You Were Born to Make Shit.

A couple weeks ago I started reading a new book by Rick Rubin called The Creative Act: A Way of Being. It's a fantastic read so far, and even though my son has taken my copy before I could finish it, I'm going to go ahead and recommend that you read it. Rubin talks in-depth about living a creative life and the need for us to remove our ego from the process so that we're fully tapped in to what he calls 'the source' – an unending supply of creative power to which every person alive has access. He breaks down the myth that creative people have innate, special abilities that make them more capable of creative genius than the rest of us.

As a creative person and a believer in the radical idea that all people have equal value and the potential to grow, change and contribute to the world until our last breath is drawn, this jibes nicely with my world view. I've written about the creative process and our need to get out of our own way when it comes to channeling our creativity here and here, so I'm already aligned with many of these ideas.

When I bring up the topic of creativity with friends, I find that we often land one of two themes:

First, we tend focus on the product(s) of creativity, or on the creators themselves (in an upsettingly idolatrous way, I think). This is often an attempt for most people to justify why they themselves aren't creating. After all, how can they, a humble software developer or a mid-level bureaucrat be expected to create art with the likes of Beyoncé or Vincent Van Gogh setting the creative bar?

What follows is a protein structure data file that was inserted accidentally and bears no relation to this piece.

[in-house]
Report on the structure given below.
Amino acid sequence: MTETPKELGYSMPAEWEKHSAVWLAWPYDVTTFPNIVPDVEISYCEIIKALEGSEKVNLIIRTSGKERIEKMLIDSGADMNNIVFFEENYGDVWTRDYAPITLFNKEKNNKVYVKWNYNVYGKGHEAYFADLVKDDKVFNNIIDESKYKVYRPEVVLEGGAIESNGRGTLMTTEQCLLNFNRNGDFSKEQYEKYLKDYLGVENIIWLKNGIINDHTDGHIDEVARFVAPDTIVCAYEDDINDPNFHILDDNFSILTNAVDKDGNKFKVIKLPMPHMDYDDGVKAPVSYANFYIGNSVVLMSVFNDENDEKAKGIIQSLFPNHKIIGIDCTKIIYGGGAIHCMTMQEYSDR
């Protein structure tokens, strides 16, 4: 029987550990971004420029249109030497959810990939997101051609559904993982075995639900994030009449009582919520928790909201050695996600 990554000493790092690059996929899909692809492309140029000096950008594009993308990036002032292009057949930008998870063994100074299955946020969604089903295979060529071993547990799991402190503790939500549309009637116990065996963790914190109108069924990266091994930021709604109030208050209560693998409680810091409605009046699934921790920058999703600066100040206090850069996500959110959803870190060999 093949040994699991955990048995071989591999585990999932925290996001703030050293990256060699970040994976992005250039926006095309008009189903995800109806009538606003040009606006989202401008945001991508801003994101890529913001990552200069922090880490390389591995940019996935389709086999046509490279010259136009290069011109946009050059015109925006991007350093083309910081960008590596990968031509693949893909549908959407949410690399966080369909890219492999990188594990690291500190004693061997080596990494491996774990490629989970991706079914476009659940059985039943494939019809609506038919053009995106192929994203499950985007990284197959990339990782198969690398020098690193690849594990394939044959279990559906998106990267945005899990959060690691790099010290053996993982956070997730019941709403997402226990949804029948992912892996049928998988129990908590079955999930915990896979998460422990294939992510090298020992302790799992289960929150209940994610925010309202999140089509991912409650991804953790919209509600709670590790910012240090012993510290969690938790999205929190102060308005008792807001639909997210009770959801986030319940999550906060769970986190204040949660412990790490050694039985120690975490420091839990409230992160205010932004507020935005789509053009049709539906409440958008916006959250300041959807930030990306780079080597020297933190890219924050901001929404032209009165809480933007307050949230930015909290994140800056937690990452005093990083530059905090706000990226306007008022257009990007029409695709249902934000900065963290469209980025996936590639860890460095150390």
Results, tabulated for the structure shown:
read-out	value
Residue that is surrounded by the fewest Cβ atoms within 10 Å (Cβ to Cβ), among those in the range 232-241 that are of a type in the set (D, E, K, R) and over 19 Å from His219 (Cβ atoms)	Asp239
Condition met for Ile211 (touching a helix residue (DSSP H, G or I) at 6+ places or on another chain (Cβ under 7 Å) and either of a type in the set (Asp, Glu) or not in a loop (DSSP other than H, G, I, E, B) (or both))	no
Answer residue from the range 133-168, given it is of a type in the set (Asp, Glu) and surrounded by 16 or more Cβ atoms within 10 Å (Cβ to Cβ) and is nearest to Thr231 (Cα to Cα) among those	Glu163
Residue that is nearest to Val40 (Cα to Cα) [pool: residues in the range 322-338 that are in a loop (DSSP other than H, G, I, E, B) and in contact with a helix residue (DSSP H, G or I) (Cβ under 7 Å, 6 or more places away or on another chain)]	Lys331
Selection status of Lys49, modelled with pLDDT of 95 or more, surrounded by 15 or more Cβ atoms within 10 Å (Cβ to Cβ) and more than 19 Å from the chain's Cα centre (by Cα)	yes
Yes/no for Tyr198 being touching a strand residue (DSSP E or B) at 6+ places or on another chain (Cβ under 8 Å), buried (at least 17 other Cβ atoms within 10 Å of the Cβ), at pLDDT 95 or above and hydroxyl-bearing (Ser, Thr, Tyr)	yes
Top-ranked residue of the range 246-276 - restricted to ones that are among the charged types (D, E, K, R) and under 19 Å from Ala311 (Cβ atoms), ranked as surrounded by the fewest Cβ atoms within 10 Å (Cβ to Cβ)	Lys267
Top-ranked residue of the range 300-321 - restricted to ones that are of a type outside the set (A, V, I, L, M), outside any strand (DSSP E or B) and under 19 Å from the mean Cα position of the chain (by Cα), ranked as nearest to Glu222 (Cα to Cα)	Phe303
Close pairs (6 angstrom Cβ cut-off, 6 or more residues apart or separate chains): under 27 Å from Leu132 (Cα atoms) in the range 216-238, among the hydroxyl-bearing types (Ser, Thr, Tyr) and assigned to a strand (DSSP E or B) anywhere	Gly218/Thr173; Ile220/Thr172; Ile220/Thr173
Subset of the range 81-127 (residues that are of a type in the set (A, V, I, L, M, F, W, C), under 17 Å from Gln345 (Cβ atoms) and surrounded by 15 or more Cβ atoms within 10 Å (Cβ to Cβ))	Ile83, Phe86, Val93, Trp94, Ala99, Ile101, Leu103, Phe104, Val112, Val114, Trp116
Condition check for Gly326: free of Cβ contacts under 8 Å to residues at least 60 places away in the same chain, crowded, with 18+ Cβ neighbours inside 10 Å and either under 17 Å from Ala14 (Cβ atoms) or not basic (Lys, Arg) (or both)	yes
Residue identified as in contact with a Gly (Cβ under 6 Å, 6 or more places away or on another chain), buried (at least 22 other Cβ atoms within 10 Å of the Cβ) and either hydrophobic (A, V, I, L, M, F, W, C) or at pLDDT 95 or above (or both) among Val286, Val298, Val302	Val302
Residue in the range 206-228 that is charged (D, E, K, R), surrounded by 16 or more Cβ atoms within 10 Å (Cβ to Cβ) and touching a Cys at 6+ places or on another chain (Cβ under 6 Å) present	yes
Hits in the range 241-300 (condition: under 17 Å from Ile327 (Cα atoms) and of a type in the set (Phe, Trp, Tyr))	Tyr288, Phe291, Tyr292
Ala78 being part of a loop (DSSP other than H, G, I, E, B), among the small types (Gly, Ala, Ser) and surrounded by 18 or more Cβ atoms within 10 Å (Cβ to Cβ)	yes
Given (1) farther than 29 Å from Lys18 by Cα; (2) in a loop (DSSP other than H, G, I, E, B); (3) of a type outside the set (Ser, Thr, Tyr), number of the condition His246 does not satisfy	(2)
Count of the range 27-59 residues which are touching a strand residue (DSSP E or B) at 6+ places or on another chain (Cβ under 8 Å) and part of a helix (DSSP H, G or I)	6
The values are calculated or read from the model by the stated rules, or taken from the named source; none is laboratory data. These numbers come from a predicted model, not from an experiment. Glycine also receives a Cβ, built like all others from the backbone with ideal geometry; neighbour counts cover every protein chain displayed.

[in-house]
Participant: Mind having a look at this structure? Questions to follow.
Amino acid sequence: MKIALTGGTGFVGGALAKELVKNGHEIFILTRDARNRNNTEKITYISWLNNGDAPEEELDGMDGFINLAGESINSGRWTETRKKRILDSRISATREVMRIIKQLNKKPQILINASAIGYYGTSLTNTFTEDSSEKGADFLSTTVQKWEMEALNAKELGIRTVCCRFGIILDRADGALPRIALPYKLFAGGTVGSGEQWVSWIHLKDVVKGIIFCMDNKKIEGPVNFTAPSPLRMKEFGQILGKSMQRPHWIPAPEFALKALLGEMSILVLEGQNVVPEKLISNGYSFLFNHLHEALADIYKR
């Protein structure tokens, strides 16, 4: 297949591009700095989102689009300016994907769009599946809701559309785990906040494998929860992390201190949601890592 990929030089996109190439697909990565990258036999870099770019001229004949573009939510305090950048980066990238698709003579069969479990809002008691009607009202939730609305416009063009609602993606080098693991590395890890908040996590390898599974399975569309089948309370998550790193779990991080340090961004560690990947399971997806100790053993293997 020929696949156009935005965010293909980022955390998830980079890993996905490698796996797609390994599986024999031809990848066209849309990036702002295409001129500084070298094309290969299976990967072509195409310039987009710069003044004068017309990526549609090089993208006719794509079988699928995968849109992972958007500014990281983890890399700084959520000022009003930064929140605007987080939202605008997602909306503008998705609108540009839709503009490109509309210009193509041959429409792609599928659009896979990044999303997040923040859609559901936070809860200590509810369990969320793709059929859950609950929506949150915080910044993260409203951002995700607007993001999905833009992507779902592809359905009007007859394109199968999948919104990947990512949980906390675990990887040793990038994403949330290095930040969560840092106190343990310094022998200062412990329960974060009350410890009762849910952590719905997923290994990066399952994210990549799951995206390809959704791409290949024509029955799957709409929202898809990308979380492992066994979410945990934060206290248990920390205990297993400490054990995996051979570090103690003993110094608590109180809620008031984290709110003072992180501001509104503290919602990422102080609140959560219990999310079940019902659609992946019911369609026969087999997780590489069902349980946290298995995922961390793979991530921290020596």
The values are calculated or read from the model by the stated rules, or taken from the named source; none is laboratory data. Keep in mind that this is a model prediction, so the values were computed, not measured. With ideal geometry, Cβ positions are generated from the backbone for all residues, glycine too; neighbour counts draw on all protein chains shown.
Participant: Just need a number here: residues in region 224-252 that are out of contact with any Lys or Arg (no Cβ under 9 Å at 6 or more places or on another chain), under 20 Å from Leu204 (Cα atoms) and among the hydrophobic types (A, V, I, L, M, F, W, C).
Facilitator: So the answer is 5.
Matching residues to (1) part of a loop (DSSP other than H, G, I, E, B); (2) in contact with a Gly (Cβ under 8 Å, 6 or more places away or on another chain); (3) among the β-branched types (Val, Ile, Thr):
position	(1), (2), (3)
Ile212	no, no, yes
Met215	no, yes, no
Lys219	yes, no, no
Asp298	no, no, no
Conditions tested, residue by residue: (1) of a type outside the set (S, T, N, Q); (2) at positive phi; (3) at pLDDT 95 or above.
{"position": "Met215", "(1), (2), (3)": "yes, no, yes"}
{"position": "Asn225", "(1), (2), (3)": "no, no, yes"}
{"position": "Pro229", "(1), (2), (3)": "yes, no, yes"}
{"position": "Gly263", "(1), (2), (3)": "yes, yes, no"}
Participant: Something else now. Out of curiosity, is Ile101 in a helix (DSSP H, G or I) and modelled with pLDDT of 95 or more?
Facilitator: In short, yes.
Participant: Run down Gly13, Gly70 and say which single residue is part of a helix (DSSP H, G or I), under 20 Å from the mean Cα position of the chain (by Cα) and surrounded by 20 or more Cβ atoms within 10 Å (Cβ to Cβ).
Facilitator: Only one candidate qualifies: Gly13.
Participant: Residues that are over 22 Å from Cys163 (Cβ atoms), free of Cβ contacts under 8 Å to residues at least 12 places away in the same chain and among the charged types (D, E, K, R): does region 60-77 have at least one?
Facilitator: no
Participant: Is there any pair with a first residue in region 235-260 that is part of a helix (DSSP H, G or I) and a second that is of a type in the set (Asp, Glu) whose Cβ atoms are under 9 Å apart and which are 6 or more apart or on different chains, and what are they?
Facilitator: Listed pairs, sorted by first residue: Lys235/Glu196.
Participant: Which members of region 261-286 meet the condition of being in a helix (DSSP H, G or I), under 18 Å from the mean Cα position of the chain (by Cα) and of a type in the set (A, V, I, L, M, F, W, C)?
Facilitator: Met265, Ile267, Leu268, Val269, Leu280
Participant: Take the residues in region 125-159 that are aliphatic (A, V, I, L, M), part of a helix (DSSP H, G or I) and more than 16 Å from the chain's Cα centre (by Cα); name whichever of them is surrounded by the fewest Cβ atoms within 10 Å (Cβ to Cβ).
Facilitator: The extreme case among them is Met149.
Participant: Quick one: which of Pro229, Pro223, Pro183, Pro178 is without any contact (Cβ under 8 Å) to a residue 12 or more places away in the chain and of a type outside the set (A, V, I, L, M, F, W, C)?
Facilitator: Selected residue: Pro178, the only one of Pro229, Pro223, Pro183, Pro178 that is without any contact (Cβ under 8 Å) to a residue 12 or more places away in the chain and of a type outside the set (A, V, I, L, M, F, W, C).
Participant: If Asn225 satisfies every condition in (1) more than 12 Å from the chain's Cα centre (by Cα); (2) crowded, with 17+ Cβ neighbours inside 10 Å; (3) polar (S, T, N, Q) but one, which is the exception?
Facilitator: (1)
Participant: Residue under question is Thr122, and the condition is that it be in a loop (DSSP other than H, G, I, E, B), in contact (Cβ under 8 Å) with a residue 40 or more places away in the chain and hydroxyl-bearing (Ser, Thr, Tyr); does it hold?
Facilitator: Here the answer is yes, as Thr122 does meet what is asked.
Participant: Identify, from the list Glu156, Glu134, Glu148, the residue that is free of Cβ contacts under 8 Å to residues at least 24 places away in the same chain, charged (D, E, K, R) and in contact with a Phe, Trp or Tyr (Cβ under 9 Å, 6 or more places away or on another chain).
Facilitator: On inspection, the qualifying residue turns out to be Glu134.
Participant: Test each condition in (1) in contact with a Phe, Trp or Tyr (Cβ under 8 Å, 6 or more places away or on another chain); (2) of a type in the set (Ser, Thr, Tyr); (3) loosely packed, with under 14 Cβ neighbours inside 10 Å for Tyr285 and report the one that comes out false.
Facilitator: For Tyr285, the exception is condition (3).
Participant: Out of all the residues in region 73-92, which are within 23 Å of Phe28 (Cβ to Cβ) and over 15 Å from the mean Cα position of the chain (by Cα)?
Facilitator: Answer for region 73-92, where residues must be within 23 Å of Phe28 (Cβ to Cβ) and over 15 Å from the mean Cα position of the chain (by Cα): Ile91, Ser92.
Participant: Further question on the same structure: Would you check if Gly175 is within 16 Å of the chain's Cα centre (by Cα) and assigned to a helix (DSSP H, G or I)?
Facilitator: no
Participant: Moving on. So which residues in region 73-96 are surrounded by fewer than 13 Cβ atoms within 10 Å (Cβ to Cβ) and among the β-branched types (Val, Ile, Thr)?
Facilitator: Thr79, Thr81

I think it's important to remind ourselves that popularity is not a measure of quality. By this I mean that people who “Make it Big” in the kinds of industries that surround the arts are very lucky. Yes, they have talent, and yes they work hard. But there are millions of people who are as talented as so-called “stars” that exist all around us, and they work hard, too. To “win” at the business of making art requires a unique alchemy of being in the right place and the right time with the right people. I think it's also worth noting that the industries that support pop culture as a business invest millions of dollars into creating an illusion of greatness that we buy into because, once again, humans need idols (a topic for another time).

Furthermore, using revenue as the sole-indicator of quality or success obscures the truly valuable part of creativity - the process.

For, it is the process that keeps us creators coming back to do the work, even when we're not on bestseller lists or walking red carpets. It's the process that brings us the release we need – the scratch to an itch that compels us to express ourselves in all manner of unique and beautiful ways. It's the process that makes it possible for us to know ourselves and our world, a journey of self-discovery of which the byproduct is art. The process is what happens when the artist (and I use this as a general term for anyone engaged in the creative process) peels away the ego, opens their heart to possibility, and allows themselves to be the instrument through which creative power does its work.